Well, the answer to that actually starts to emerge after the sixth or seventh go-round. From the regular cycle of incremental editorial change, something really starts to shine out. That diamond-in-the-rough that began as a very basic idea however many yonks ago, is actually starting to shine! I find myself thinking things like, “Wow–this is kinda good! Did I actually write this?”

Yes. Yes, I did.


I wrote this, too – and you can still buy it!

Goin’ Back to Fester

Downtown York, Pennsylvania, sometime in the past

Thomas Wolfe once said you can’t go home again. Well, what if you don’t want to? That’s something I’ve been grappling with lately, as I labor to get two “new” stories out the door. The quotation marks are because the stories aren’t new; they comprise my first “serious” effort at writing a story from my own little twisted imagination.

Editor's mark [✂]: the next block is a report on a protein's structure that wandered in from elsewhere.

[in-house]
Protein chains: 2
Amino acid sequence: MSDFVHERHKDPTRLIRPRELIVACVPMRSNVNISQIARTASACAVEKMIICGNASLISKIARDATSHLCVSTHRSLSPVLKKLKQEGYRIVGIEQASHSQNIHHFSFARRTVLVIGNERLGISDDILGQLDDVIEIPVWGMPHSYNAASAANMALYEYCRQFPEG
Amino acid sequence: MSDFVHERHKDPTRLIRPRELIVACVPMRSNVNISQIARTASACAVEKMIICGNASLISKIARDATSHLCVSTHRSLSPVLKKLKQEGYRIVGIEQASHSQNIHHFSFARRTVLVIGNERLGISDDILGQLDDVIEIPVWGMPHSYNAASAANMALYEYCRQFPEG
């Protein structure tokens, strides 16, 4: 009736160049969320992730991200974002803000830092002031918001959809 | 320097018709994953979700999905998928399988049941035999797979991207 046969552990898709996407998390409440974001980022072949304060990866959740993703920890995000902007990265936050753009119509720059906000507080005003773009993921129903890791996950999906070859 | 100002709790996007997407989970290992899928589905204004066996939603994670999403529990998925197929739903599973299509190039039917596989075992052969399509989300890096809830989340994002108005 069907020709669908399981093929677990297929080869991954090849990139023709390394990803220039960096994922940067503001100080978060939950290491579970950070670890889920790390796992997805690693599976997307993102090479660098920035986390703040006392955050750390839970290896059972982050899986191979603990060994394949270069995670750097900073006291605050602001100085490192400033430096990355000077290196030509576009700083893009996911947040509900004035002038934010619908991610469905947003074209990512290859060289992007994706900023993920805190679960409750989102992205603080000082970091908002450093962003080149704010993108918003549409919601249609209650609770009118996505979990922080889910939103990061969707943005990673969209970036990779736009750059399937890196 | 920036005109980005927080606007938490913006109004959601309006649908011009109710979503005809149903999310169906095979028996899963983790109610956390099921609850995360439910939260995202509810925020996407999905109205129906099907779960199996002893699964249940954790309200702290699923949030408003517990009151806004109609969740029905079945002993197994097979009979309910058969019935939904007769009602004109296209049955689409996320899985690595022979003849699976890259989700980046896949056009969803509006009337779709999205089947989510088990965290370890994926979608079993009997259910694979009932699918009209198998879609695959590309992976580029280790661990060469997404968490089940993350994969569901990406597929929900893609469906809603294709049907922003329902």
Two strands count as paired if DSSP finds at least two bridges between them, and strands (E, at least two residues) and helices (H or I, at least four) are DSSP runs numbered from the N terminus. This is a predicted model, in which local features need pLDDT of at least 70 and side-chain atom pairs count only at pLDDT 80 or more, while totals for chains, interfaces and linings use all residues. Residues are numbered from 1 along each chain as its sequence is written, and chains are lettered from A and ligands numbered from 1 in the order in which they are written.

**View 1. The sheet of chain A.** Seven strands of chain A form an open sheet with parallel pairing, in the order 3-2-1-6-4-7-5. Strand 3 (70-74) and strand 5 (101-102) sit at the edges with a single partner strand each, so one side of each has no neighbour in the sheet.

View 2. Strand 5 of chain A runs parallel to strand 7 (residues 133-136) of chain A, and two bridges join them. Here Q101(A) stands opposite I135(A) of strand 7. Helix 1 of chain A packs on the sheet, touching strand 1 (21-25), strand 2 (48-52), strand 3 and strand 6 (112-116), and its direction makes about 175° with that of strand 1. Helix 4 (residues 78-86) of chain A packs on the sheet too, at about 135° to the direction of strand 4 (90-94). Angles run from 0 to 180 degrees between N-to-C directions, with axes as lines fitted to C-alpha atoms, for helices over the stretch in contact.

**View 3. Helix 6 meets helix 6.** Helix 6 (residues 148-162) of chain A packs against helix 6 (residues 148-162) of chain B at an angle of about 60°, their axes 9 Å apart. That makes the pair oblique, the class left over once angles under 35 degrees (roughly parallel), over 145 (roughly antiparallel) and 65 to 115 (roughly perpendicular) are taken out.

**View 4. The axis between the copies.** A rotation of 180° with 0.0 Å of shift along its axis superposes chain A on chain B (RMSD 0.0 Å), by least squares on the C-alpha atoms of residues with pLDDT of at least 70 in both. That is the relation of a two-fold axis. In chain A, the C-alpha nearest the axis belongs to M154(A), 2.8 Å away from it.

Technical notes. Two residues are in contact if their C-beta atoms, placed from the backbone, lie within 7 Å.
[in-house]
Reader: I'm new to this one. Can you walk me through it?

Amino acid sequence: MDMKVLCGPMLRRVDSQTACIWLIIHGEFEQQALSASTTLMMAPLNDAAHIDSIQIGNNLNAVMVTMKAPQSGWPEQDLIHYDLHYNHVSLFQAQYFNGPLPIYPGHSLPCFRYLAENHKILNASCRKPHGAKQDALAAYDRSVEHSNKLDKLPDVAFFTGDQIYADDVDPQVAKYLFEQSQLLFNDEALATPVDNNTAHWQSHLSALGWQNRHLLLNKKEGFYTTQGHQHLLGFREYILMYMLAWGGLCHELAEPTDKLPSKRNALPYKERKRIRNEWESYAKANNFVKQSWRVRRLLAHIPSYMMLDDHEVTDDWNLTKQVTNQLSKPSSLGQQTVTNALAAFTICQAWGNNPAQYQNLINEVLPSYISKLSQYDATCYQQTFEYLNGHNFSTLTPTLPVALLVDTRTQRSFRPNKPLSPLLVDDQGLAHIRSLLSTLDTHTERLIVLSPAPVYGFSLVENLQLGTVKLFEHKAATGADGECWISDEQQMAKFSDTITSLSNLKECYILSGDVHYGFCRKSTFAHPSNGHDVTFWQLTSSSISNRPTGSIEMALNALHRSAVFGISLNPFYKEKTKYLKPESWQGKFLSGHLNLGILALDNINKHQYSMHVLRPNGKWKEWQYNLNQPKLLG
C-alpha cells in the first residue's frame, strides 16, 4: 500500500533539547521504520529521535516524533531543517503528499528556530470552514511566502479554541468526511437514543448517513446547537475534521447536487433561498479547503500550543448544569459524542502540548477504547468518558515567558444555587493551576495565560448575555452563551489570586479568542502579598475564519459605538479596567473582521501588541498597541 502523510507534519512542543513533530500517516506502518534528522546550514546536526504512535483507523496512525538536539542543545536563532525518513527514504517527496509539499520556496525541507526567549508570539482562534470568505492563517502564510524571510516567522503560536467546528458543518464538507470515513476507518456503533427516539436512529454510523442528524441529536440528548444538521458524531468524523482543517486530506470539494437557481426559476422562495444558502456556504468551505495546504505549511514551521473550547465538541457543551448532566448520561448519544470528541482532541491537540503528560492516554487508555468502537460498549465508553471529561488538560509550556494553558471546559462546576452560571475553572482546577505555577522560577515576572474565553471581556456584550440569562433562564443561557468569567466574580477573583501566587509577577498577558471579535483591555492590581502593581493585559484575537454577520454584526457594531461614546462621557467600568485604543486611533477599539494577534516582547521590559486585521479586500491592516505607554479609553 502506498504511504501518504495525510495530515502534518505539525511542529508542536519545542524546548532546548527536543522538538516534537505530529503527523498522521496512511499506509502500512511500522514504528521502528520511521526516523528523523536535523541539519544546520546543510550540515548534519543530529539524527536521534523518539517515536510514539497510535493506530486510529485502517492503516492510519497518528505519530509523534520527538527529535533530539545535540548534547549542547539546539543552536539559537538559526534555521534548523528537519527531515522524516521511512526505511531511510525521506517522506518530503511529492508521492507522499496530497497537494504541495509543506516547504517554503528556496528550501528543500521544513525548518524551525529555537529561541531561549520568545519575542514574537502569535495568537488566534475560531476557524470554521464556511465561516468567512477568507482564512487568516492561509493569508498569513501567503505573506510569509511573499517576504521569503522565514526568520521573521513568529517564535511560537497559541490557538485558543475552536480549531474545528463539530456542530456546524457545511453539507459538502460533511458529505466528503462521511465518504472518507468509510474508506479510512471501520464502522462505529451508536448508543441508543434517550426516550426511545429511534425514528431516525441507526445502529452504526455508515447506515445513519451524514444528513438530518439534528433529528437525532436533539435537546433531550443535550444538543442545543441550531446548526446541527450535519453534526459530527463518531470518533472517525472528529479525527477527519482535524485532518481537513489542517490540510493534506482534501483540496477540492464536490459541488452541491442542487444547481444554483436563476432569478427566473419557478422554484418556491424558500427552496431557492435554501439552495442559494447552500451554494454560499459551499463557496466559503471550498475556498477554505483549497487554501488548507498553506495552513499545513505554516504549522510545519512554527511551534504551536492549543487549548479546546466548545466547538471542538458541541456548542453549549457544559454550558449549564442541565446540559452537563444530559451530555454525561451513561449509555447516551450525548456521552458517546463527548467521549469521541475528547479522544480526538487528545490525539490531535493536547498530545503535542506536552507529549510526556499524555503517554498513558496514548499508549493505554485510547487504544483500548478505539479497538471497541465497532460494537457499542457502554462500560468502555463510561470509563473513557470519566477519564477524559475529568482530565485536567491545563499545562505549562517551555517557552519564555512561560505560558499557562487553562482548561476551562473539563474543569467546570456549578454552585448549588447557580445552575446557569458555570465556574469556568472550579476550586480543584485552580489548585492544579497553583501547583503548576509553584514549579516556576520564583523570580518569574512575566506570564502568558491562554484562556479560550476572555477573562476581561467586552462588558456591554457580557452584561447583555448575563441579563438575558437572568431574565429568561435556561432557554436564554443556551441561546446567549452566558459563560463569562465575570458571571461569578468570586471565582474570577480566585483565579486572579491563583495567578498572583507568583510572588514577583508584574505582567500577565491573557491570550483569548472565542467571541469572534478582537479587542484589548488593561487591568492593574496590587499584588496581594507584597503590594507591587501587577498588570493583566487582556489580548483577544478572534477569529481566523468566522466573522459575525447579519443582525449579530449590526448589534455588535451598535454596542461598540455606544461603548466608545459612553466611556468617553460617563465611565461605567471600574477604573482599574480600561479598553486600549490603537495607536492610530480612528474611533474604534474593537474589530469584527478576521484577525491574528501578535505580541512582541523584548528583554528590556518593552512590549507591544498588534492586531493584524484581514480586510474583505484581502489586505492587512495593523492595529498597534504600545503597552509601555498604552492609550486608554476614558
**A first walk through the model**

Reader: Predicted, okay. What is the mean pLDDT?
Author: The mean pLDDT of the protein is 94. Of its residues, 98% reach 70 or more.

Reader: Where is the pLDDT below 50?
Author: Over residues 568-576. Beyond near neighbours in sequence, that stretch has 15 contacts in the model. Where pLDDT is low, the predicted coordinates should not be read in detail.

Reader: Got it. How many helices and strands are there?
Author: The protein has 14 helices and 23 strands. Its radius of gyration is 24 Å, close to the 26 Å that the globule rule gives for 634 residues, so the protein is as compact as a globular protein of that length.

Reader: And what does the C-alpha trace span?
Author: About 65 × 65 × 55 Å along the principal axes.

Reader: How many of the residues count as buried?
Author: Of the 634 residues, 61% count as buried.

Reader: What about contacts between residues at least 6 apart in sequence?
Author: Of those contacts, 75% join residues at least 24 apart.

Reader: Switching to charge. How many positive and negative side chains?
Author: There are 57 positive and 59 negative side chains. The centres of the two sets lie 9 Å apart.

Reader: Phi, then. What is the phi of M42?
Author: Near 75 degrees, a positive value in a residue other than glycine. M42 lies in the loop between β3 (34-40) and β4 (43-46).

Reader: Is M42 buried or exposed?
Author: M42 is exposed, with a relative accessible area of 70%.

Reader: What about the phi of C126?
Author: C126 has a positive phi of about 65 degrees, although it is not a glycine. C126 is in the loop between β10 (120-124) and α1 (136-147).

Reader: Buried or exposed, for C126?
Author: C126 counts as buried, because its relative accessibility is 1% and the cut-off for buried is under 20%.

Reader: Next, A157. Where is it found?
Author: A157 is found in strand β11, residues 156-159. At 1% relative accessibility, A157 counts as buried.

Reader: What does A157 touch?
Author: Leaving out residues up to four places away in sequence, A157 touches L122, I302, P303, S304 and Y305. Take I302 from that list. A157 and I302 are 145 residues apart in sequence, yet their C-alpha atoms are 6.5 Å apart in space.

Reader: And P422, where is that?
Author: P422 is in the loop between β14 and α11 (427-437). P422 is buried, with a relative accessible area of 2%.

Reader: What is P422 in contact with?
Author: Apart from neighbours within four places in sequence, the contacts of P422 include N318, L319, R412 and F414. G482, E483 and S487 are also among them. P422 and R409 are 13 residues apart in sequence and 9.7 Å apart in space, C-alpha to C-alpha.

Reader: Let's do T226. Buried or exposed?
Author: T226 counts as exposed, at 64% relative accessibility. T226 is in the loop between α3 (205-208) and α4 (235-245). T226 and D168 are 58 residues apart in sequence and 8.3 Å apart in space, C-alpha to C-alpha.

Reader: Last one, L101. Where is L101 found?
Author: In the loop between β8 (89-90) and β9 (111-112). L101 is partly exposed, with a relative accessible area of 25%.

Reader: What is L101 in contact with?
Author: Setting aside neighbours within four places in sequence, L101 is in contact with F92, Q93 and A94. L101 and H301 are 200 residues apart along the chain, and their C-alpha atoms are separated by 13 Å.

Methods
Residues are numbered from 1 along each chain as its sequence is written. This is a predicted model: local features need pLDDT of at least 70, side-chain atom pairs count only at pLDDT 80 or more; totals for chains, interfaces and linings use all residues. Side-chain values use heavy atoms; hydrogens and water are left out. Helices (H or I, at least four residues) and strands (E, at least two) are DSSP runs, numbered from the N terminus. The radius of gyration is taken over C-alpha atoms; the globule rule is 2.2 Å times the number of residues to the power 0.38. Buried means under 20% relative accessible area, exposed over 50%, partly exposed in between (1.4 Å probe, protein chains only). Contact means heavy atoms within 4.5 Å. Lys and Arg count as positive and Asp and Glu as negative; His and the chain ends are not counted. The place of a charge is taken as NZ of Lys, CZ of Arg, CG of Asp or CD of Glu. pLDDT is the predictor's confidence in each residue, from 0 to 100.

It grew from a creative writing class and a sense of place. (As an architect, I was trained to say deep-sounding but vague phrases like “sense of place.”) What I really wanted to do was create a literary locale. I like to say it was inspired by Faulkner’s Yoknapatawpha County, but that’s just so much pseudo-intellectual horseshit. I haven’t read Faulkner since high school, if that. Truth be known, it was Stephen King’s fictional towns of Castle Rock and Derry that provided the inspiration.